Dolcetto, a dark-hued, native grape of the Italian northwest, has a name that rolls off the tongue like music. Pronounced “dole-CHET-oe,” it translates to “little sweet one.” Pluck a berry off a cluster, pop it in your mouth, and the variety lives up to its description. But while the fruit can be eaten as a sweet treat, it’s not made into sweet wine. This grape is vinified dry, as it has been for generations.
If you are lucky enough to roam among dolcetto vines in Piemonte’s Alba, you’ll no doubt be tempted to snack on a bunch. But resist taking more than a cluster or two. Over the years, this workhorse grape — used to craft deeply pigmented, everyday-drinking reds — has declined in acreage. Since the 1980s, dolcetto has ceded real estate to its more sought-after counterpart, nebbiolo, of Barolo and Barbaresco fame. Many producers, following market demand, have replanted plots of dolcetto with higher price-fetching nebbiolo — even though nebbiolo does not ripen as easily in the cooler, high-elevation sites where dolcetto thrives.
Dolcetto itself presents a number of challenges. An autumn cold snap can damage the vine’s vascular functioning. Further, when berries are ripe, they tend to drop to the ground — a bonus if you’re a foraging animal, but not so desirable if you’re intent on making wine. In the cellar, the slurry of fermenting juice and grape solids can become odiferous unless racked and aerated — but makers must do so gently since the berries’ seeds can throw copious tannins. Given such idiosyncrasies, you might wonder how this grape persists.
The variety’s endurance has everything to do with winegrowers who regard the grape as essential to the heritage of the landscape. They’re pragmatic too. Because dolcetto typically ripens a month earlier than nebbiolo, growers can harvest it first, vinify it, and get bottles to market in relatively short order. Nebbiolo, on the other hand, requires more hang time, and its most sought-after wines require longer aging before they can be sold.
This month, I recommend two examples of DOC Dolcetto d’Alba, both from the 2019 vintage and vinified in stainless steel. One is from G.D. Vajra, established by Turin-born Aldo Vaira, whose storied career began in the late 1960s on his grandparents’ farm in Vergne. (Note the old-fashioned spelling — Vaira with a ‘j’ — in the winery’s name.) Today, the family estate includes 100 total acres under vine, including venerable plots in the western hills of Barolo. Another bottle is crafted by Réva, whose flagship property is situated at the southern edge of Barolo in Monforte d’Alba. The company, which produced its first commercial vintage in 2012, is owned by Miroslav Lekes, who works with a team at a production facility near La Morra. Réva’s 60 total acres throughout the Langhe are farmed organically.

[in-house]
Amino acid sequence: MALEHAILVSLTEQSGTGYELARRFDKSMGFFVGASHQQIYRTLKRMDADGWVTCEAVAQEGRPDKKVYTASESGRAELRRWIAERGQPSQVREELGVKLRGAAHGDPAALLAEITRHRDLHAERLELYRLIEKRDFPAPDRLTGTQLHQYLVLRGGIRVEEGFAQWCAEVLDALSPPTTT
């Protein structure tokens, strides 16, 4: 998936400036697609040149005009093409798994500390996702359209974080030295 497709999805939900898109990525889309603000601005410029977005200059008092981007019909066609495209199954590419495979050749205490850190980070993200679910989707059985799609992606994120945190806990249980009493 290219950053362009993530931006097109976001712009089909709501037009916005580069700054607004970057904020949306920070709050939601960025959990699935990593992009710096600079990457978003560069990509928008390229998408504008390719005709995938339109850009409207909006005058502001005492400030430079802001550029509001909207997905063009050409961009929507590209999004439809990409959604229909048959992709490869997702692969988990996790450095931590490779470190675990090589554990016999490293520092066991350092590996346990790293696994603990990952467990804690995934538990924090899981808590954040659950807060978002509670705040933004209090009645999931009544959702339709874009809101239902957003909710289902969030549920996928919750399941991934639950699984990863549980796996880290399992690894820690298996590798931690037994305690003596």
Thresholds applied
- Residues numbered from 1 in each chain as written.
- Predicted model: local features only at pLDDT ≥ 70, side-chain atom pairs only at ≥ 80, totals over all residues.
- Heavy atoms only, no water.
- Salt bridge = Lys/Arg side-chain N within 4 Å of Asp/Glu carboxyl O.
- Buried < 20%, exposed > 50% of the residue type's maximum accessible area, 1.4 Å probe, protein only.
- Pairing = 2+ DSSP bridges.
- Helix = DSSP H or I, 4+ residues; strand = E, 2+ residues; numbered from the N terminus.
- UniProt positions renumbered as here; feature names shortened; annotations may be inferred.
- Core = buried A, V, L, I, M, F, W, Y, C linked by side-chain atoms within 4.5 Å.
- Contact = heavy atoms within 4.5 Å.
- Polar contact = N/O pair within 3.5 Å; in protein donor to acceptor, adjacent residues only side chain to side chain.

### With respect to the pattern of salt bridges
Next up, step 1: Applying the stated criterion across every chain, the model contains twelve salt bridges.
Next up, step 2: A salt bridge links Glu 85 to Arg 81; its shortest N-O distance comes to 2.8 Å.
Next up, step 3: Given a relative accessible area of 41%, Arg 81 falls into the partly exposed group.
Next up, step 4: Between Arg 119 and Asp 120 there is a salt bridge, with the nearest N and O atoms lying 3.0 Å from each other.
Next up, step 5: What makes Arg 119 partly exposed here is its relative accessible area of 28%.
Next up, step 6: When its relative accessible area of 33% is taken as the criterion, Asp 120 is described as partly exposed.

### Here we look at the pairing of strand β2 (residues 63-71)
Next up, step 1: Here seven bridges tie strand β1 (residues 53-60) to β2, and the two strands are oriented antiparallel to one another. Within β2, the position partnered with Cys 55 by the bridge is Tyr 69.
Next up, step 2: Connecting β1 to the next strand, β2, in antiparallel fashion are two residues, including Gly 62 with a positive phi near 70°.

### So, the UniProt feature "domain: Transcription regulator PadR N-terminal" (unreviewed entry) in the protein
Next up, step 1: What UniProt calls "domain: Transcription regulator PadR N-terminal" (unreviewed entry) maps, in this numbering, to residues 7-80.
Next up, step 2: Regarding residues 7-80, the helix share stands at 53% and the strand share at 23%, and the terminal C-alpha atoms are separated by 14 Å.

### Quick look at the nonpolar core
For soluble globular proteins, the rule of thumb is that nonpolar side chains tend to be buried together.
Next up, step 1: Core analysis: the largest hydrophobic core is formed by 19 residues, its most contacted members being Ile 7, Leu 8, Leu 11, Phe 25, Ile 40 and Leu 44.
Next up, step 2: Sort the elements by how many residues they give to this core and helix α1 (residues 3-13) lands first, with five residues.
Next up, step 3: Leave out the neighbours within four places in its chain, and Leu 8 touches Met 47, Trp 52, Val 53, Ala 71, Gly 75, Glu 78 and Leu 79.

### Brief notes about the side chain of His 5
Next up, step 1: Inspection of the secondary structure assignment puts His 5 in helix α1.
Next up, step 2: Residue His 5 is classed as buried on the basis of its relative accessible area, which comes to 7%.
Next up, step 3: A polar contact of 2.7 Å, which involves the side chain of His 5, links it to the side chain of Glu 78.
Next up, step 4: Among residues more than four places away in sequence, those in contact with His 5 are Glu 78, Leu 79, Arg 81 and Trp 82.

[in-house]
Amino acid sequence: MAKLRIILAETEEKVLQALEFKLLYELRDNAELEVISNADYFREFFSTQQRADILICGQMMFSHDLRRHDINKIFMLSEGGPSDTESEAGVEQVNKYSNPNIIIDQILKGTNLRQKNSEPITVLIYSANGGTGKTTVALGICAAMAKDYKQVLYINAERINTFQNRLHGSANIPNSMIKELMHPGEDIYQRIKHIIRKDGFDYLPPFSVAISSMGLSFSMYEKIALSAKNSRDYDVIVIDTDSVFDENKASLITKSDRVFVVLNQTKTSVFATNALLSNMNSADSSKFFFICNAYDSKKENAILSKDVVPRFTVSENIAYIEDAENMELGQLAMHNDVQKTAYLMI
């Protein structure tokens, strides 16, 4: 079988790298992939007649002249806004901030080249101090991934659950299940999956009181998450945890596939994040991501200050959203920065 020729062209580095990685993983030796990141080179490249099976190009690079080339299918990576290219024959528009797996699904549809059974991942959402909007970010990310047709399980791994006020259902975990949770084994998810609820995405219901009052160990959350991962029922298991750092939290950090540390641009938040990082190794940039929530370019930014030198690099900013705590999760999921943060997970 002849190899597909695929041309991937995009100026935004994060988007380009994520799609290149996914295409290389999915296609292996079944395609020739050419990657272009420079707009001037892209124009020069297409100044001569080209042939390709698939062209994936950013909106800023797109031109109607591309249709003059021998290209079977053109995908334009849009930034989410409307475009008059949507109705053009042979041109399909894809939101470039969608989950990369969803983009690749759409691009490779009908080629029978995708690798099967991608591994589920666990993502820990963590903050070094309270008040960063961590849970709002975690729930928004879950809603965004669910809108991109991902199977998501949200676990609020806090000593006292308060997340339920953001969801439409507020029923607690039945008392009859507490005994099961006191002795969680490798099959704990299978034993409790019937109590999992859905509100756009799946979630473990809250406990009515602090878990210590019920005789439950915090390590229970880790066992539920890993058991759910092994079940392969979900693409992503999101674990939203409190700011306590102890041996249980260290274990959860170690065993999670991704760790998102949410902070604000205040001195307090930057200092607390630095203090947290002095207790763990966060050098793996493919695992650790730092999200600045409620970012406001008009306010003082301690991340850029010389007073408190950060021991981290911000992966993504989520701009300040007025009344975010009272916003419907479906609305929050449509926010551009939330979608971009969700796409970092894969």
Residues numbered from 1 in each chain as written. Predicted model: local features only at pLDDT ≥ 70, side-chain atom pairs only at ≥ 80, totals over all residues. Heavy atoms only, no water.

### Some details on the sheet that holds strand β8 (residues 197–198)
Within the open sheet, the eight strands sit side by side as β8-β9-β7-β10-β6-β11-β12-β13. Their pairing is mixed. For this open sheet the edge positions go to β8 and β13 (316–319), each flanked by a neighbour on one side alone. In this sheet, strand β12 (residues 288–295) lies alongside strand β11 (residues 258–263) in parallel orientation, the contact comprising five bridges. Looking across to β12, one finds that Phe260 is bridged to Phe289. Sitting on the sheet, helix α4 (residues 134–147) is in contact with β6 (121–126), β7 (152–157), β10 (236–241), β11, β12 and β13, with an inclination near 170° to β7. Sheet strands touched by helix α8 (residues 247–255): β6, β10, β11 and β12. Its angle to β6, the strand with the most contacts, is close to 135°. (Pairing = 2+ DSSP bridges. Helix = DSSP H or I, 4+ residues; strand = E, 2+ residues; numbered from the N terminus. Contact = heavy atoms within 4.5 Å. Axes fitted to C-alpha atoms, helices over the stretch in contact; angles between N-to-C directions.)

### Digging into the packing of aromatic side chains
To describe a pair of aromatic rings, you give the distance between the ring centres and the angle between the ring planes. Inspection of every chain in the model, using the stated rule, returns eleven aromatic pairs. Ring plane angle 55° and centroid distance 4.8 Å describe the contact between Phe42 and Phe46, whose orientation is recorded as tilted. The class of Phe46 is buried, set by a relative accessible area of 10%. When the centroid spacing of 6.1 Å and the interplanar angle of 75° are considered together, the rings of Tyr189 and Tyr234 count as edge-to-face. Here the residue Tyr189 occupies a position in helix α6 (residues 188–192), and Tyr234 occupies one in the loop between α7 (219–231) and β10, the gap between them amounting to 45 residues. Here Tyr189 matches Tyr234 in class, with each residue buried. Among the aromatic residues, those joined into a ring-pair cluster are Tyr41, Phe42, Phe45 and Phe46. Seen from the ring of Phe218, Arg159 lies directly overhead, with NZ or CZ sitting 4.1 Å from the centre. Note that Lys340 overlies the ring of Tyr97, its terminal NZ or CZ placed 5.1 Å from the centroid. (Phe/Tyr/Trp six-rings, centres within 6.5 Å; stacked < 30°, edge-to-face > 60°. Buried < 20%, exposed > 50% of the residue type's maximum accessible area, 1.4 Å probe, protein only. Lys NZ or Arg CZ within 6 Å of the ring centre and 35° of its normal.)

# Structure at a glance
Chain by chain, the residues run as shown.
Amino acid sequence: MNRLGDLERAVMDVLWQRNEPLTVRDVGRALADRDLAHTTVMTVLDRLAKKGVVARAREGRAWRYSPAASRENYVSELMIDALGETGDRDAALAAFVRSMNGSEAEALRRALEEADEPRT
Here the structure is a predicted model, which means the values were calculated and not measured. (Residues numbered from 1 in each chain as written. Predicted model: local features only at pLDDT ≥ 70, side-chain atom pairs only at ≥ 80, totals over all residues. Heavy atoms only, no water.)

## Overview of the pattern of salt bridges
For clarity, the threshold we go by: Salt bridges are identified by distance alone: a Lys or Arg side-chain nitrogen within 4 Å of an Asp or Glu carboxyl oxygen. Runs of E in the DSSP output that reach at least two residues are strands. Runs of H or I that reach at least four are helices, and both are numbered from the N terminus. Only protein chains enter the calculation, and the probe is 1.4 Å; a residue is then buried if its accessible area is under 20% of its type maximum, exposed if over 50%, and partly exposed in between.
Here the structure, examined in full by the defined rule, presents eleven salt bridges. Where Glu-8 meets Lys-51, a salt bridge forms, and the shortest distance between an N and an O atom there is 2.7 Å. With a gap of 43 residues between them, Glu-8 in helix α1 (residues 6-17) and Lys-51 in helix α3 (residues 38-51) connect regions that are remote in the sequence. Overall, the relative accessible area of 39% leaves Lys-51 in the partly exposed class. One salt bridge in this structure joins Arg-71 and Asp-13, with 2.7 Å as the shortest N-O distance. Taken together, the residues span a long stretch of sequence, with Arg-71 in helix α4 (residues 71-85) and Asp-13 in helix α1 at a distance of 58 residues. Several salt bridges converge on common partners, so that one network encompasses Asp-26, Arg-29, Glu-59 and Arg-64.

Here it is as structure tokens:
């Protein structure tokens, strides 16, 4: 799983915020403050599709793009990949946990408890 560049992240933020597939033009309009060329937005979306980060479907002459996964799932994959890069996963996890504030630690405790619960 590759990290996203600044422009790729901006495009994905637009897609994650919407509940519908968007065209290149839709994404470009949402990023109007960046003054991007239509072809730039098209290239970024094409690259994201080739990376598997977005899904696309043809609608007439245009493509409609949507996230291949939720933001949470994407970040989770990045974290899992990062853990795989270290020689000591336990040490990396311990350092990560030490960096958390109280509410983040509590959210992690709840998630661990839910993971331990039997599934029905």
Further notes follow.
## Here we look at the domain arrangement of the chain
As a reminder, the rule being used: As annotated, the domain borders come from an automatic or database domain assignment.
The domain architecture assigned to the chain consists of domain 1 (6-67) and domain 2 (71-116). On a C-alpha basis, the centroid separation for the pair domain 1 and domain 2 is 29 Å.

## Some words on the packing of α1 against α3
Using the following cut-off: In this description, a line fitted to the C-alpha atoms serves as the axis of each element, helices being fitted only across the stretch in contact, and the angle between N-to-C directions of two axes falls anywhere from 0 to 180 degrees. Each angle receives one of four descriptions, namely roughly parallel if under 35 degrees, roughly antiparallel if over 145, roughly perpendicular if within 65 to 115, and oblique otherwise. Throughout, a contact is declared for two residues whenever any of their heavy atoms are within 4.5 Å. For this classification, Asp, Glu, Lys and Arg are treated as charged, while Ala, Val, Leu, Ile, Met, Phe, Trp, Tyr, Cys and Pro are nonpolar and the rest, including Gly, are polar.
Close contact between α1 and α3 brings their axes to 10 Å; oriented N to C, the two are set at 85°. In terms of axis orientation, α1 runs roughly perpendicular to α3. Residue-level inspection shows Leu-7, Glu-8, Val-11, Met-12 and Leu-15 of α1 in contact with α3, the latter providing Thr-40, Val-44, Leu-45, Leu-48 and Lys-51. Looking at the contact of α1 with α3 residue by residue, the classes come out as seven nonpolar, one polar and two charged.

The wines are visually identical, showcasing dolcetto’s saturated hue. But put your nose in the glass, then take a sip, and you’ll find that each is distinct, even as both display medium body and vivid fruit character. I guarantee that you’ll be enamored of both pours — so much so that you won’t miss snacking on the “little sweet one” as a table grape.
G.D. Vajra, Dolcetto d’Alba 2019 Expressing scents of ripe cherry and crushed violets, this dolcetto is vivacious, full of juicy, mouth-filling fruit, with supple tannins and a lovely salty-savory note. 12.5 percent ABV. Distributed by Vineyard Road. Around $18. At Needham Center Fine Wines, Needham, 781-400-1769; Marty’s Fine Wines, Newton, 617-332-1230.
Réva, Dolcetto d’Alba 2019 Lavender, red fruit, and whiff of cedar lead to a palate with an autumnal sensibility — brooding at first, then softening with time to show plush berries and rounded tannins. 13 percent ABV. Distributed by Arborway Imports. Around $22. At Social Wines, South Boston, 617-268-2974; Needham Center Fine Wines.
Ellen Bhang can be reached at email@example.com.
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